And her watch read 12:09.
“What the hell?”
He took a deep drag off of the cigarette, holding the smoke in his lungs for a few seconds before exhaling slowly. He studied the curls of his breath and flicked the cigarette automatically. Tilting his head back against the old clapboard barn, he glanced up at the stars. The sky was full of them tonight, but he had never particularly cared one whit about the celestial bodies.
He glanced at his watch in disgust. He had four hours before his mother would wake him and order him to get up and help his dad. Four hours before he had to break his back shoveling slop and shit. Farming was his dad’s thing. He had other ideas.
He was going to be a preacher. The only thing that gave him any pleasure anymore was going to church. He’d look around the room and study all the sinners. Up front would be the Darnells, with him cheating on his wife and her drinking her sorrows away. Their oldest daughter was a notorious slut and their youngest son beat on his girlfriend on Tuesdays and every other Thursday. But they’d sit up front looking proper and singing loud for the benefit of the entire congregation. They weren’t fooling nobody. But Reverend Michaels never did anything but preach the word of the Lord. He never made them confess to their wicked ways.
Mama told him that confessing was for the Catholics in town, but what did she know? She was so ass blind that she worshipped her only daughter, a spawn of the Devil himself.
In the silence of the night, he heard a car approaching down the country highway that ran in front of his house. People took this road straight from the city into the suburbs, driving past at ungodly speeds.
As the car crested the hill and came into sight, he raised his cigarette to his lips again for one final drag. He was still exhaling slowly as he dug the heel of his boot into the dirt beside the barn. Kneeling, he took the time to carefully bury the evidence that would undoubtedly lead to an unnecessary and annoying argument with his mother.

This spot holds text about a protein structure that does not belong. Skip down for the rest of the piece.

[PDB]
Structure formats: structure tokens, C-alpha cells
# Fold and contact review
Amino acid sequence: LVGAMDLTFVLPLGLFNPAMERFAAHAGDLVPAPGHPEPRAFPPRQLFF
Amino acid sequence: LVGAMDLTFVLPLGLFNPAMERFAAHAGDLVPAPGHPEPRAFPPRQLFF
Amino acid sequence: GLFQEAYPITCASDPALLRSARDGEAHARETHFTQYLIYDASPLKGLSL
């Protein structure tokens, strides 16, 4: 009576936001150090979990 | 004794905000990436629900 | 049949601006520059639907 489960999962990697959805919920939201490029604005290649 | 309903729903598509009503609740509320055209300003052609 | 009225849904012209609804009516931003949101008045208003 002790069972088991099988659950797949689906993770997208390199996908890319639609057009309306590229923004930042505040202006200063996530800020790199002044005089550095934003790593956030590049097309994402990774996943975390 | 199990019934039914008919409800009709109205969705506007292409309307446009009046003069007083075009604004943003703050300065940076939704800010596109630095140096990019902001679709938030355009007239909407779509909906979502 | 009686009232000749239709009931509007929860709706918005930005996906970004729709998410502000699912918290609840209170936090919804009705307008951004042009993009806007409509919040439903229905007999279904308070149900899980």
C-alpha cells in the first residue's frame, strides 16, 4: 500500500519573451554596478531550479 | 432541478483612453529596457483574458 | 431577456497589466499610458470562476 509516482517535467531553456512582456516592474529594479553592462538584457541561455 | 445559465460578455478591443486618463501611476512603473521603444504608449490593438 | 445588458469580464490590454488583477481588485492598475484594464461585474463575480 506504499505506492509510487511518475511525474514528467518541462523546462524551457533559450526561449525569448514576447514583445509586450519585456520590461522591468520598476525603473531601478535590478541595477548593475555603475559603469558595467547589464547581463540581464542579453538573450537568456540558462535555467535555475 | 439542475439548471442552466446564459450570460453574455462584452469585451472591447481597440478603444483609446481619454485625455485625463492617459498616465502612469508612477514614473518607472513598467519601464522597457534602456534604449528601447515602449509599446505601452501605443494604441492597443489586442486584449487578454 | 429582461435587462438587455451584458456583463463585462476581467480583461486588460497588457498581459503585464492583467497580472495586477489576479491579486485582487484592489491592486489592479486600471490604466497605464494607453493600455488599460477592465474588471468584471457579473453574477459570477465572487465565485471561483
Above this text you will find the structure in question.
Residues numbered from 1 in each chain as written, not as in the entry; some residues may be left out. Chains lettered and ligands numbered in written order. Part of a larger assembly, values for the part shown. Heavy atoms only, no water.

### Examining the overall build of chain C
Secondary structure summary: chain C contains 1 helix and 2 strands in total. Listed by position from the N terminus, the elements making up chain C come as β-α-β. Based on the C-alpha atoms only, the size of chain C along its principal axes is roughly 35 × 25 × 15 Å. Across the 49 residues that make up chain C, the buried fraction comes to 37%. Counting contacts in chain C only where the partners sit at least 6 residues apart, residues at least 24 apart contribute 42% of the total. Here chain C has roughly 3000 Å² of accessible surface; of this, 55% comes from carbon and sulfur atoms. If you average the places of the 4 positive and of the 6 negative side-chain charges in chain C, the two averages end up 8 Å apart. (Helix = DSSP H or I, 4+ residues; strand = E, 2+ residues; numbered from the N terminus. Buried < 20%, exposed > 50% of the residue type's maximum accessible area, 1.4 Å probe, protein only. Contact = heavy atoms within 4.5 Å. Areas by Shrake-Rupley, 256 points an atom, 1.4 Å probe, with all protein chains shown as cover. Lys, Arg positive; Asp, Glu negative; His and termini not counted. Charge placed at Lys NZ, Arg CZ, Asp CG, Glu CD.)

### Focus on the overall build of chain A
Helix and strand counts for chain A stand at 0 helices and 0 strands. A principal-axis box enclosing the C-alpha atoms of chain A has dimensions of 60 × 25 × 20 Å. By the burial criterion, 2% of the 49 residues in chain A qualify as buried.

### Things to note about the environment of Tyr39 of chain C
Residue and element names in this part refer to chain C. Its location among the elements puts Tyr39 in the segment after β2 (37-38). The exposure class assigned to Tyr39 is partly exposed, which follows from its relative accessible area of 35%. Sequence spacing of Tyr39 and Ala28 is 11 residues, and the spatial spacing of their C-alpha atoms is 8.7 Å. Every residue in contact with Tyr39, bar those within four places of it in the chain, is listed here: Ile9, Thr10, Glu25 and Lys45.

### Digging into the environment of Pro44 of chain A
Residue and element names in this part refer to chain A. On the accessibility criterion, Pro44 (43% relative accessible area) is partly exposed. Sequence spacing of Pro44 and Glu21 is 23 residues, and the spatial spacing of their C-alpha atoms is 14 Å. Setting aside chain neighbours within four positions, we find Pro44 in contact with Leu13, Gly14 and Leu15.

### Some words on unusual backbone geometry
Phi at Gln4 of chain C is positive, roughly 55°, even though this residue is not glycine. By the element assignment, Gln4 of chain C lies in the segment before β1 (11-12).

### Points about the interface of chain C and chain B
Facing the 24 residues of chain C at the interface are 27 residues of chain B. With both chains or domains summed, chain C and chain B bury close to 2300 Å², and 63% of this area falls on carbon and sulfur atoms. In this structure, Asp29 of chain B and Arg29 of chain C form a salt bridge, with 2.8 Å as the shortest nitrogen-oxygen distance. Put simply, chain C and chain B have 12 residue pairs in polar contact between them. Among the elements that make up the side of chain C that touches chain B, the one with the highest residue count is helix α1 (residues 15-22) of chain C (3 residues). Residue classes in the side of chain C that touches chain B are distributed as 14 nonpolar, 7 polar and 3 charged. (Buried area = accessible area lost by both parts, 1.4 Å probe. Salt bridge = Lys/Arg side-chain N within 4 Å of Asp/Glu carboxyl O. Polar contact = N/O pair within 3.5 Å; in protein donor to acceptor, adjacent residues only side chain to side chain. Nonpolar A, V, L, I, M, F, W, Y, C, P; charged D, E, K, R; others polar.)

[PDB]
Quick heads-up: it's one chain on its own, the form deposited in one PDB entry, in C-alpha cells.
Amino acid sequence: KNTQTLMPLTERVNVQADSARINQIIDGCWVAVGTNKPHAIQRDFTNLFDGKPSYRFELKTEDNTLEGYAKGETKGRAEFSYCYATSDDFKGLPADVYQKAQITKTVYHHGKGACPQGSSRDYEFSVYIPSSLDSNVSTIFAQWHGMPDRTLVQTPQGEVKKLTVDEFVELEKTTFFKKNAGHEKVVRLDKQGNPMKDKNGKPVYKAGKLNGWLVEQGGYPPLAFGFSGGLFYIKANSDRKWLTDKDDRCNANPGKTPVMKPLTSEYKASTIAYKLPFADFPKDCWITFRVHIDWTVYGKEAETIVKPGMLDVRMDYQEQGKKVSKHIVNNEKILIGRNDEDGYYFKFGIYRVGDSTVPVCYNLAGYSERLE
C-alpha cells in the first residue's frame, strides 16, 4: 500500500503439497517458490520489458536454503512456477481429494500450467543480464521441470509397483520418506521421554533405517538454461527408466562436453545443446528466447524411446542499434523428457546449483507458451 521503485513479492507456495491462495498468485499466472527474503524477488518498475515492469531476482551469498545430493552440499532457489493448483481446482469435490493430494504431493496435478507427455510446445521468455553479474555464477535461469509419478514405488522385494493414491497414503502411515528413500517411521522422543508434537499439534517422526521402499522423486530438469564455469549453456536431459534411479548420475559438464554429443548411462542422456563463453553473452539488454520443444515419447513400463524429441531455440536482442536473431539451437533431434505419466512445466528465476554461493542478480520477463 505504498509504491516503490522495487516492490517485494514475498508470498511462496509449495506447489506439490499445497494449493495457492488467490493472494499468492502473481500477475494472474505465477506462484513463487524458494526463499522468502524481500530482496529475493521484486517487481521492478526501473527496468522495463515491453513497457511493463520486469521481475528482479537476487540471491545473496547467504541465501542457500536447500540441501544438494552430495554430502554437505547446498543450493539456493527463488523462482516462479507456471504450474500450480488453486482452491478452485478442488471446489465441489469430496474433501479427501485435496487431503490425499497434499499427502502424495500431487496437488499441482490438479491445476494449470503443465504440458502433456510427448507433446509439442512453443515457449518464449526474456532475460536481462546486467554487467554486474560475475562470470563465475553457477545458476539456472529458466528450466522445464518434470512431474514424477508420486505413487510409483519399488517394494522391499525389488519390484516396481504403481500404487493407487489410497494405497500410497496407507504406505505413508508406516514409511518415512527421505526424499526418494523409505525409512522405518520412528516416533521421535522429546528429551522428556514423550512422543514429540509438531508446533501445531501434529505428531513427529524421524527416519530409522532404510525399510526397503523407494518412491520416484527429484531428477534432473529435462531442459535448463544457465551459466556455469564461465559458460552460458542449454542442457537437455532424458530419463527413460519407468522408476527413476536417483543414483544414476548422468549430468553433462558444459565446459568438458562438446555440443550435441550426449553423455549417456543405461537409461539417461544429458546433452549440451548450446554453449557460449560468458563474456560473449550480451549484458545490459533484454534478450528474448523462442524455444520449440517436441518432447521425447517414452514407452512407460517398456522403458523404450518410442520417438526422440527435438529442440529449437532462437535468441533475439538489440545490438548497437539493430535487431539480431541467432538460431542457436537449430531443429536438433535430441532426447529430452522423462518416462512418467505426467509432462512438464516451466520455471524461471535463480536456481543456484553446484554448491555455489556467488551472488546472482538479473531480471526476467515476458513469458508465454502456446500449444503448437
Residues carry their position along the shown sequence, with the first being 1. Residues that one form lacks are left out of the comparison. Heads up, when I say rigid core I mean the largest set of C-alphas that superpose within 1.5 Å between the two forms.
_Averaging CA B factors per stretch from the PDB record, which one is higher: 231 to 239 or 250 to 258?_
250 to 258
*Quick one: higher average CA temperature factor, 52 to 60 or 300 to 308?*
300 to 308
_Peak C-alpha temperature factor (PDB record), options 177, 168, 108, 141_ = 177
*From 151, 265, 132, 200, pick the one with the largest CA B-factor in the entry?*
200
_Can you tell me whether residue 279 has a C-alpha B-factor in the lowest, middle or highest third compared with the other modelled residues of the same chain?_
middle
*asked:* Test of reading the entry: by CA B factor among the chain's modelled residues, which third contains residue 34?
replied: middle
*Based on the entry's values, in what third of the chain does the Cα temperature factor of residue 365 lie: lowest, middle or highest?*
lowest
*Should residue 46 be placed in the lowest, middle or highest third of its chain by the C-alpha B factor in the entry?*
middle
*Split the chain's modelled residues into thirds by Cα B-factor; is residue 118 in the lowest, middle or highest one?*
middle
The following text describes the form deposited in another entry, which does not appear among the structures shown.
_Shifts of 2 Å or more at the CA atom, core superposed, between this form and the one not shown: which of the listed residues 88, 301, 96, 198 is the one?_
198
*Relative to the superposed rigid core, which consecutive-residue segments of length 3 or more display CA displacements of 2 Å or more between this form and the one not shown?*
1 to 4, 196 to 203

While he knelt, a barely perceptible crackle filled the air around him, leaving him feeling unsettled, as though he had just missed something. He rose slowly, glancing back toward the house, half expecting his mother to come barreling down the front steps and marching across the yard.
The glare of the approaching high beams captured him as the car continued to bear down. Even as it left the blacktop and dipped down into his yard, he began to move. And his quick reflexes had him clear of the path made by the little Chevette that plowed into the side of his father’s barn.
He knew that the cacophony would raise his parents and bring them outside. But he was drawn to the site of the hole in the barn and the small smoking vehicle now parked haphazardly inside.
“Damn drunks,” he muttered, picking his way through the splintered wood.
Standing beside the vehicle, he was astonished to realize that there was no driver. Alarmed, he glanced around the barn for signs that someone had already emerged from the vehicle even while he had to admit that a driver couldn’t have possibly freed himself so rapidly.
The driver’s window was cranked down and a sinful and outdated song was cranked up on the radio. Grunting in disgust, he knelt and reached through the window to turn off the trash, noticing with confusion that the seatbelt on the driver’s side was still buckled. On the passenger seat sat a woman’s purse. Moving stealthily, he reached inside and removed a wallet.
Hearing the front screen door slam shut behind his parents, he flipped open the billfold and glanced at the driver’s license. Eva Sokolov.
Before his parents rushed to his side, he slipped the wallet back into the purse and moved back away from the vehicle. He stood back and surveyed the wreck with bewilderment.
“What the hell?”